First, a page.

When we think of the top issues on the global scale, the list usually reads as follows: world peace, an end to hunger and increased prosperity in the far reaches of the earth. But what about mental health across our planet?
The latter is an issue worth international attention, according to the World Health Organization (WHO). It states that depression affects 400 million people, making mental health diseases overall “the single largest contributor to years lived with disability globally.”
Mental health is a universal issue
According to the National Institutes of Health, as it concerns mental wellness, “all countries are developing countries.” WHO says the economic backlash of not treating mental health disorders costs $1 trillion internationally every year.
According to former U.S. Representative Patrick Kennedy, founder of the Kennedy Forum and co-founder of One Mind, parity in mental health care is the first global hurdle.
“It’s against the law to discriminate against someone who has a brain illness,” he says of the U.S. and describes mental health parity as a medical civil rights issue across the globe.
It’s not so much that the world is going crazy, it’s that workers around the globe face harsh stigmas, and affected people have legitimate fears of losing a job or health insurance coverage if their mental health affliction becomes exposed. Many tribes and third-world countries still see some medical conditions as evil or supernatural and will exile a community member, or worse.
Shining a light on the problem
“We demanded action and it happened,” said World Bank President Jim Yong Kim, M.D., in speaking of the worldwide HIV/AIDS campaign of the 1990s. “We need to put the same kind of energy and activism into mental health,” he affirmed.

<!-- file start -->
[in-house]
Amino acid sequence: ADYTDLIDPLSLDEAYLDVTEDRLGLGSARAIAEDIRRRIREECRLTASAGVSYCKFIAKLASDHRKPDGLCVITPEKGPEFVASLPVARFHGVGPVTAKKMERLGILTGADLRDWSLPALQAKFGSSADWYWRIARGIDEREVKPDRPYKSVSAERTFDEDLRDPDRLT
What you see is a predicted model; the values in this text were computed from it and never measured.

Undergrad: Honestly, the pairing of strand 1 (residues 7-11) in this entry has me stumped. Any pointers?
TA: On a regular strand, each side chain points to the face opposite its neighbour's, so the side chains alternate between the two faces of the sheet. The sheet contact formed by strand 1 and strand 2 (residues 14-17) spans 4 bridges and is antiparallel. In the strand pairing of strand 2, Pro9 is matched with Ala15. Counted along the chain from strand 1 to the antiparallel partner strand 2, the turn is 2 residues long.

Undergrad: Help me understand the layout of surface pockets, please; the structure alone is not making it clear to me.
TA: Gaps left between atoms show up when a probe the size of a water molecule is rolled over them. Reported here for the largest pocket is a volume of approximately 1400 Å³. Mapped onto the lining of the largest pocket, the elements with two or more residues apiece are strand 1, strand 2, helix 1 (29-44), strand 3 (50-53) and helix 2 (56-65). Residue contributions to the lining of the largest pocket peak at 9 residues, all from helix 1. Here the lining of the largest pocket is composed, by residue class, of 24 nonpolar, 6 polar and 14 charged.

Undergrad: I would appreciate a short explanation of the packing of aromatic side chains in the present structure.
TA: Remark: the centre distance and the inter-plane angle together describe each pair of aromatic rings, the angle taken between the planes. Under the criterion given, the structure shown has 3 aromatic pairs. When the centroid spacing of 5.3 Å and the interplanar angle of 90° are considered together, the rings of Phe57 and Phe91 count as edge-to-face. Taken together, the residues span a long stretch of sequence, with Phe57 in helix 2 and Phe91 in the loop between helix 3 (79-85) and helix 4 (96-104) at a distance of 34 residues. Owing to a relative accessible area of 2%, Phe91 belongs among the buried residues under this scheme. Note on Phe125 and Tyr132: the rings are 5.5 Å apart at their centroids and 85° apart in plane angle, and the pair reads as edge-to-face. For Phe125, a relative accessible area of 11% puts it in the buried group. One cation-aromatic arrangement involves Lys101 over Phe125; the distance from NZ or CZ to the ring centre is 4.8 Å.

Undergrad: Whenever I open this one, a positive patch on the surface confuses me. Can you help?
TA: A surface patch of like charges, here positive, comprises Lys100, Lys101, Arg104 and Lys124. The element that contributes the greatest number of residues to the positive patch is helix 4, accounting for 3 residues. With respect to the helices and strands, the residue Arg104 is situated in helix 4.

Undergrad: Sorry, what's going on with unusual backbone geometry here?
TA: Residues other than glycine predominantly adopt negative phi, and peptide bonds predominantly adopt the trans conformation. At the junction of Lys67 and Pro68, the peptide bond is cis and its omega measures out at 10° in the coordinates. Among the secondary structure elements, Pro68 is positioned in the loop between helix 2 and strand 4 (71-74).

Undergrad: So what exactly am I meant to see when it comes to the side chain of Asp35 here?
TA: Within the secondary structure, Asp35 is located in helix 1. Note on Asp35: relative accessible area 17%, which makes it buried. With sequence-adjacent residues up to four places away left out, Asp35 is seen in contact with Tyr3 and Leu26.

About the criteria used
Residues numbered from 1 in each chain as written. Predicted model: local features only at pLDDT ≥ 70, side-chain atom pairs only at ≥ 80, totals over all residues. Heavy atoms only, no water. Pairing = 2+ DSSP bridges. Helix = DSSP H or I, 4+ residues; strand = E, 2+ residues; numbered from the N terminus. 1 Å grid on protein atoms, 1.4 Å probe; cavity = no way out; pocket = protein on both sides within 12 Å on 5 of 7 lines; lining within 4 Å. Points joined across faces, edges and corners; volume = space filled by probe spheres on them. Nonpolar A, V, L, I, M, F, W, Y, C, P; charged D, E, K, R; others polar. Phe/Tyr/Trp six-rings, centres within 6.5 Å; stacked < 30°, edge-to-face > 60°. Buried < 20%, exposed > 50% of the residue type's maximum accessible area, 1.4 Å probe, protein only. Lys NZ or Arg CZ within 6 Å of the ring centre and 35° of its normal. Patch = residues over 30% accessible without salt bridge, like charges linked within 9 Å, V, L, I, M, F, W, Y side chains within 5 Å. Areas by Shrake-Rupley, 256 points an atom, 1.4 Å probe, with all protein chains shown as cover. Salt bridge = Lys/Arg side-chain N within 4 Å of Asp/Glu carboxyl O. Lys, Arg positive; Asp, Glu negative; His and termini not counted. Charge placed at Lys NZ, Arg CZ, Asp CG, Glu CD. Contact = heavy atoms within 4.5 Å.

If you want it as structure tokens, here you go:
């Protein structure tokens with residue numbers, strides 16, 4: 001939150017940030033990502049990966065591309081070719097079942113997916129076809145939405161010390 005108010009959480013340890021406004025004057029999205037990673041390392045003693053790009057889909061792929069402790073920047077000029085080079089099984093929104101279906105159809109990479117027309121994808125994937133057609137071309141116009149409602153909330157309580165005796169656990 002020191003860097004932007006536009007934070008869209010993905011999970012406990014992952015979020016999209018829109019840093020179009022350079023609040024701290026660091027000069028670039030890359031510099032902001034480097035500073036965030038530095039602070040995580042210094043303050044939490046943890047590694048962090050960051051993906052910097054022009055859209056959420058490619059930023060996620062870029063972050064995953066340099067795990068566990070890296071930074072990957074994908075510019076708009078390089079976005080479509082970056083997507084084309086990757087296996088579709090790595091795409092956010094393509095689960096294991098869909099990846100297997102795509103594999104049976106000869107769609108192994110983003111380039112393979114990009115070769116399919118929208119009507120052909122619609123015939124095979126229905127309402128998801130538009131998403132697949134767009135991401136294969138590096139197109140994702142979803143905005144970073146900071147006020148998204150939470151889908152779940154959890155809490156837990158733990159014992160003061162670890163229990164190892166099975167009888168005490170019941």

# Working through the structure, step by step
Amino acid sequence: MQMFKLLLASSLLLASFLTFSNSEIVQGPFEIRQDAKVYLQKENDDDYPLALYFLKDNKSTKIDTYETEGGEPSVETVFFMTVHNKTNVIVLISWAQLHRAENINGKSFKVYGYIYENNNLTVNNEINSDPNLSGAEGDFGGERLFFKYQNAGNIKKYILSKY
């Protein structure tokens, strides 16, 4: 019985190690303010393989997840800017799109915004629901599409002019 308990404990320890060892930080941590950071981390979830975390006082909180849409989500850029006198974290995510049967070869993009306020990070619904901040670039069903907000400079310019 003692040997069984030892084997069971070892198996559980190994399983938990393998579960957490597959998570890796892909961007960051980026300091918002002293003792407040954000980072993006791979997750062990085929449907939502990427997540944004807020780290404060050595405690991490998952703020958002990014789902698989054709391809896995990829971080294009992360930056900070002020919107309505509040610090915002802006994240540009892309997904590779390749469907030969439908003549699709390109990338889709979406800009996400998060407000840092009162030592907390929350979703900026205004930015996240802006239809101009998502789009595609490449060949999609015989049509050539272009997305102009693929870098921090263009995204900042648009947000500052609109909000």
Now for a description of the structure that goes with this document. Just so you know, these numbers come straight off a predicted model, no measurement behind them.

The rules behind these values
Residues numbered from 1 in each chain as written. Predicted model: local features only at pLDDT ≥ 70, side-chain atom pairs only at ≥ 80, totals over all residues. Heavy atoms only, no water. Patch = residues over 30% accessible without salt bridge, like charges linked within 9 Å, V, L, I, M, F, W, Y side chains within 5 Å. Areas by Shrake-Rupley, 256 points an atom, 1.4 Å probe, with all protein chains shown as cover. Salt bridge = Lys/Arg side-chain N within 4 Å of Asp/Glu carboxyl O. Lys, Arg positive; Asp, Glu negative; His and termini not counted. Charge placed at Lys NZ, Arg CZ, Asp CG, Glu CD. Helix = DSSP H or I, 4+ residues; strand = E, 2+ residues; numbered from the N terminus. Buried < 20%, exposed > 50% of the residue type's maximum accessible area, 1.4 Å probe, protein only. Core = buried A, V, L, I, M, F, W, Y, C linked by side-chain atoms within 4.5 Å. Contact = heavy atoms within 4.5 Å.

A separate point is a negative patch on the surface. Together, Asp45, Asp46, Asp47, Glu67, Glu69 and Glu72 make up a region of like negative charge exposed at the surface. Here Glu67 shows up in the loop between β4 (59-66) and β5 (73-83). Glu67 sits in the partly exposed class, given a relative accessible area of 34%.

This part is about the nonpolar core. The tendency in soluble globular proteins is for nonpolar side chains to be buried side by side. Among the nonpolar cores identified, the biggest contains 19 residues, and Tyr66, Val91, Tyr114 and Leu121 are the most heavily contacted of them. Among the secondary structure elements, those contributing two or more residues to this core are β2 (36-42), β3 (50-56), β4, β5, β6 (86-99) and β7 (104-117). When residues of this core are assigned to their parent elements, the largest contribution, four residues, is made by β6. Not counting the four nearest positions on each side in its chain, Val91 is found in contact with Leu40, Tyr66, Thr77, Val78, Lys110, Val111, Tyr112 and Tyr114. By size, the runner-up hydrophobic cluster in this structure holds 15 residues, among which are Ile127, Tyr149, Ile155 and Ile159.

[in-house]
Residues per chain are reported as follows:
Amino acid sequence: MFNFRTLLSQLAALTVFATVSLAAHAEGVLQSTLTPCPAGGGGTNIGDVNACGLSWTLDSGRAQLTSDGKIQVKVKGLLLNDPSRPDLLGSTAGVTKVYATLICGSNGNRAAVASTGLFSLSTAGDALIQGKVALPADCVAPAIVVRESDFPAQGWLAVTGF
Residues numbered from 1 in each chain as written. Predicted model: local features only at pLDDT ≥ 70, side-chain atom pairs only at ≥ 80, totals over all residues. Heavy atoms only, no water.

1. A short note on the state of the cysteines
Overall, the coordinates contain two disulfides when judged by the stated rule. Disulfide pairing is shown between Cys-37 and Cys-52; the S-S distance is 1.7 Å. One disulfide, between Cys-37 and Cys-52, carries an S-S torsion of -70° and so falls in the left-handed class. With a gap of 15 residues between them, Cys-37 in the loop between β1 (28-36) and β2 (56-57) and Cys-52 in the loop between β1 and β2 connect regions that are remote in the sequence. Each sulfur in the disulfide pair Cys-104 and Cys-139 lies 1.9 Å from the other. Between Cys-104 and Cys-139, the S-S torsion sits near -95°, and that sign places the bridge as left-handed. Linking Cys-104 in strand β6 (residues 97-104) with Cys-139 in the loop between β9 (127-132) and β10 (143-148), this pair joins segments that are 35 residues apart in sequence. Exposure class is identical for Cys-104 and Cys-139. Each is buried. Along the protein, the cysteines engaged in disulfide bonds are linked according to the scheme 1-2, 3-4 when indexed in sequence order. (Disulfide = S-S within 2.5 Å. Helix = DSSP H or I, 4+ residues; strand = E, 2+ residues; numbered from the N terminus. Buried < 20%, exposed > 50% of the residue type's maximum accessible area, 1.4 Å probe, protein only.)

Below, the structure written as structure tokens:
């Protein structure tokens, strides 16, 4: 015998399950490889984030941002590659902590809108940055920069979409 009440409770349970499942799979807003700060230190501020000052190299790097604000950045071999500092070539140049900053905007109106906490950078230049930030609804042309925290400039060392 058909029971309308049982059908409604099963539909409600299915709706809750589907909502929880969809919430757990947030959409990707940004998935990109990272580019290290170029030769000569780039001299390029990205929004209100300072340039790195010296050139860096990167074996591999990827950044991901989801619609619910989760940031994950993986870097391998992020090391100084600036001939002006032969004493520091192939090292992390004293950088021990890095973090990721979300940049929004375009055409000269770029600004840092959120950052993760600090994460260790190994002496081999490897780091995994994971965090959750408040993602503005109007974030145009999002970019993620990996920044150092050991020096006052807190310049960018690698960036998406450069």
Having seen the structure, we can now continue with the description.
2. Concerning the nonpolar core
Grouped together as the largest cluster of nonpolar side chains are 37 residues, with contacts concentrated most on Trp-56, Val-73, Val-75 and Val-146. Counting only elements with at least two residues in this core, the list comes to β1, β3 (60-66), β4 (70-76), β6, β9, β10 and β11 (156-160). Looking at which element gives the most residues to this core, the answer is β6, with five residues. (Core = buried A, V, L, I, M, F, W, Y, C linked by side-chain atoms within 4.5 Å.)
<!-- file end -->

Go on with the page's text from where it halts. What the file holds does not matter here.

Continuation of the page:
This past April, the World Bank Group and the World Health Organization co-hosted a meeting on the climate of mental health worldwide, focusing on depression and anxiety. The summit, named “Out of the Shadows: Making Mental Health a Global Development Priority,” was aimed to coincide with the events of other groups that could sponsor such global initiatives: The International Monetary Fund and the World Bank Group’s 2016 Spring Meetings. The agenda for the “Out of the Shadows” conference was succinct:
The groups rallied finance ministers, investors, and technology innovators, illustrating specific social benefits of investing in mental health. WHO explained for every $1 spent on treating anxiety and depression, governments could receive a $4 return.
In subsequent meetings spinning off the “Out of the Shadows” conference, innovators, grantees and policymakers openly discussed challenges to addressing world mental health. One dominating hurdle was:
Cross-training community laypersons to deliver health care interventions was suggested. Peer health workers with no formal mental health care could be trained to carry out psychological treatment such as cognitive behavioral therapy for maternal depression. Therein arose another hiccup:
Experts highlighted that lay providers have an embedded understanding of the local community context and, being the embodiment of patient/provider concordance, can accelerate past many cultural barriers that clinicians from “the outside” face.
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About the author
Sovereign Health Group staff writer Kristin Currin-Sheehan is a mindful spirit swimming in metaphysical pools with faith as her compass. Her cover: a 30s-something Cinderella breadwinner of an all-sport blended family. Her repertoire includes writing poetry, lifestyle articles and TV news; editing, radio production and on-camera reporting. For more information and other inquiries about this media, contact the author at firstname.lastname@example.org.